A significant snowstorm this past Tuesday, followed by days of atypical sub-zero temperatures, resulted in schools being closed across the Washington metro area. In Northern Virginia, officials of Fairfax County Public Schools (FCPS) cancelled school from Tuesday to Thursday, and delayed the start by two hours on Friday. This was welcome news for those in FCPS wanting a respite from the routine of school. But it was controversial for others, including this FCPS parent. Monday had also been a day off from school; it was the public holiday honouring Martin Luther King, Jr.
Officials in neighbouring counties reacted differently to the snow and subsequent deep freeze: further west in Loudoun County, school was cancelled for all four weekdays, reflecting the higher quantity of fallen snow there and the difficulty of clearing snow off its more rural, sometimes hilly roads. In Montgomery County to the north and Alexandria and Arlington Counties to the east, as well as in the District of Columbia itself, schools were closed for Tuesday and Wednesday, and delayed for two hours on Thursday.
Some in our county were incredulous when FCPS cancelled school the third day. A delayed start seemed a more appropriate response. The usual two-hour delay would have ensured that school goers walked to school or bus stops in daylight, not the usual darkness of January mornings, and would thus have been able to see most icy patches or other obstacles en route. Cancelling school entirely was an over-reaction—albeit a revealing one.
Sensitive to criticism of their decision on Thursday’s closure, when announcing Friday’s delayed start, FCPS officials noted, a little defensively, “FCPS’ primary concern is always student safety when making a decision about opening or delaying schools. In addition to considering information from a range of public safety sources, FCPS transportation supervisors travel the routes our buses would traverse and inspect bus stops and the pathways that will be used by walkers. When there are areas in the county that are considered unsafe or treacherous, schools are closed.”
Friday’s delayed start was not incident free. FCPS acknowledged in an email sent to parents shortly after 9 a.m. that it was “experiencing significant mechanical problems with a number of buses across the county … due to the freezing temperatures. Some of these buses will be late picking up students; some may be very late. Parents are advised to take precautions to ensure that their children are not standing outside in the cold for extended periods of time. Mechanics, transportation supervisors, and drivers are working to the best of their ability to get the buses running and on time”.
Undoubtedly there are people who will criticize FCPS for Friday’s delayed start and suggest that schools should have remained closed on Friday too. They might say that so many buses with mechanical issues due to the low temperatures prove the decision to have school, albeit delayed, unwise.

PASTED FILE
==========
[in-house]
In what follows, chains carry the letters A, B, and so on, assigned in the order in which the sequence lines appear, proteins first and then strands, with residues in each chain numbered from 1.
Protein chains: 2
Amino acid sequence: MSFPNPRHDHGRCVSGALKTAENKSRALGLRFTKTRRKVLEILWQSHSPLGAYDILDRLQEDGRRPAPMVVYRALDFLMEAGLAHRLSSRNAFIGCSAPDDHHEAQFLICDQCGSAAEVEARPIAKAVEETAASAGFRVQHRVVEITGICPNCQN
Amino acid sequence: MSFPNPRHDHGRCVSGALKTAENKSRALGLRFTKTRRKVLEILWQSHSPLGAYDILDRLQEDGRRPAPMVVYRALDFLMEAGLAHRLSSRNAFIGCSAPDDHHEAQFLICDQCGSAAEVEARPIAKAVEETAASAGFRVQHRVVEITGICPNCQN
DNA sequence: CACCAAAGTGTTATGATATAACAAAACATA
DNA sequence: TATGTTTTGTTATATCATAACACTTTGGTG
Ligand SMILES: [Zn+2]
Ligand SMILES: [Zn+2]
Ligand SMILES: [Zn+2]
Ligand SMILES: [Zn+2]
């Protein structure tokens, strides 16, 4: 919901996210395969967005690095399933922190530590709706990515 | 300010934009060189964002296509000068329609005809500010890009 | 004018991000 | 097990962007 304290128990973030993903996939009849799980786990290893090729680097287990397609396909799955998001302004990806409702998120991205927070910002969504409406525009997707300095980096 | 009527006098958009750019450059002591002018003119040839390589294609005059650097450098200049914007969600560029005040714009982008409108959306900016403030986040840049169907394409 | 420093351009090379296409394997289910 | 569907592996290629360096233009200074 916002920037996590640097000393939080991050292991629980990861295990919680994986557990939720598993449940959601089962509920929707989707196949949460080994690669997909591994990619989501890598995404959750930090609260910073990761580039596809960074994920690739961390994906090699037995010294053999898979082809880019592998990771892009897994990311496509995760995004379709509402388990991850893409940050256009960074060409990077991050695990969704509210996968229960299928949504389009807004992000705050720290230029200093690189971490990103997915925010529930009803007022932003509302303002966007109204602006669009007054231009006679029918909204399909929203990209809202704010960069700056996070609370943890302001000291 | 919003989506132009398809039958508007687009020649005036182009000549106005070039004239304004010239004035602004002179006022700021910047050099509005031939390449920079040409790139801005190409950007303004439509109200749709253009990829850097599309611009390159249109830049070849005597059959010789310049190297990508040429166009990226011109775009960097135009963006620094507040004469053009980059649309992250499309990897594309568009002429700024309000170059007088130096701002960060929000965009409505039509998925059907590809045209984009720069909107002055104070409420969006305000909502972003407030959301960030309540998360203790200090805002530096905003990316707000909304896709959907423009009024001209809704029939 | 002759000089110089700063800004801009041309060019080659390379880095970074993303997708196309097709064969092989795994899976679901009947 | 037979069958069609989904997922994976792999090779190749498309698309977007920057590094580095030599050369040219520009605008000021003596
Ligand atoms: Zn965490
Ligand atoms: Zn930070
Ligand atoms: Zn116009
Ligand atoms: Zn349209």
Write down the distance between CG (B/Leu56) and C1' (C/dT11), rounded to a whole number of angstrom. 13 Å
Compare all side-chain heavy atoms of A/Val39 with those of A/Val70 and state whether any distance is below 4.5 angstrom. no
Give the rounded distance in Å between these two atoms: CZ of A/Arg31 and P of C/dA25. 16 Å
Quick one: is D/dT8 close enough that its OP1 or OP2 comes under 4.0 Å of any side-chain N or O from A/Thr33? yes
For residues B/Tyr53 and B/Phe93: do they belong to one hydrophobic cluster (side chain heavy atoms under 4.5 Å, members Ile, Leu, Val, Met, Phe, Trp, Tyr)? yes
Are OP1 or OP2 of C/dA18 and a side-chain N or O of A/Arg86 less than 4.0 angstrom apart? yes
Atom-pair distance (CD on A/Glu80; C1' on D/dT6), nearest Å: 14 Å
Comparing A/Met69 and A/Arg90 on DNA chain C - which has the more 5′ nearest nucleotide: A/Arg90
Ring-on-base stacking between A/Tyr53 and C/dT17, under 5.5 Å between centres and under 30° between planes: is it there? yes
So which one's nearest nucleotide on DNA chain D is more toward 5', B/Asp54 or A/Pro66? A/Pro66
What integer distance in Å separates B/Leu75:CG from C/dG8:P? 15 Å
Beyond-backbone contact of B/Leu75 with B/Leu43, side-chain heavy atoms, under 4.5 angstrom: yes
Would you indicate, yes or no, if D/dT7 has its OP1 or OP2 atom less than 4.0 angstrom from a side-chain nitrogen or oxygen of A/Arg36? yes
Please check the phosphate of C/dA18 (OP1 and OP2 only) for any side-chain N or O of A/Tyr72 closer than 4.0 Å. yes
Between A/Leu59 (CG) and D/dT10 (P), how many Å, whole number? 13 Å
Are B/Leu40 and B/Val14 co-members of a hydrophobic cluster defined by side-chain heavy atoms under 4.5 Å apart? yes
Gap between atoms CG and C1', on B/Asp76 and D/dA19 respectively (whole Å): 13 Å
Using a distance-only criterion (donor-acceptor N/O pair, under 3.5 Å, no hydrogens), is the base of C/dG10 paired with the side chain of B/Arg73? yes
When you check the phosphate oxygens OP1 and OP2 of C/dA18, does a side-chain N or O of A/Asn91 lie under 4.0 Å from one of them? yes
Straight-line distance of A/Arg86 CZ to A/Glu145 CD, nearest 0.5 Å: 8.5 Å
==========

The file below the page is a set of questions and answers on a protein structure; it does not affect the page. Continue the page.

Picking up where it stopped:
I am definitely one of those who felt resuming an as-regular-as-possible school schedule should have been attempted, with a delayed start, on the Thursday already. Certainly, it was extremely cold. One is reminded of the expression, “There’s no such thing as bad weather; there’s only bad clothing”. Most living in this region would have adequate protective clothing; winter here typically does include really chilly days, although temperatures as consistently low as they’ve been over the last days are unusual. The curious unwillingness of teenagers to wear jackets is obviously not a reason to cancel school.
The over-cautious decisions from FCPS reflect a broader tendency in U.S. society—the general widespread adoption of risk aversion policies and processes. FCPS officials are terrified of the possibility of being sued. Whether this could be for an accident involving a FCPS student falling on an icy sidewalk or pavement at a school, or, heaven forbid, being hit by a car sliding on ice, or, I hate to suggest it, a bus accident with elementary school children on board, or some other horrible scenario. FCPS officials cannot entertain the possibility of being liable. So instead hyper-conservative decisions are made.
Risk avoidance is endemic in the United States. There are signs everywhere disclaiming responsibility for this or that—or warning that use of whatever is at people’s own discretion. One is forever signing indemnity forms absolving others of any responsibility for anything. Lawyers predicate far too much behaviour in this society.
There are, of course, profound anomalies to this society-wide aversion to risk. Promiscuous gun laws in the United States are, to my mind, the most baffling contradiction to this excessive concern with safety. The ease with which guns can be purchased, plus the way in which they can be concealed and carried in everyday life, are aspects of U.S. society I struggle to understand. The presence of a firearm by definition always escalates the chance of any situation spiralling out of control and compromising people’s safety.
Life is full of freak, random events. It is impossible to control for everything. Surely school children would be better served by not being too sheltered but by being exposed to some risks and learning coping mechanisms? More exposure to adversity and less cossetting would help childrens’ coping and social skills.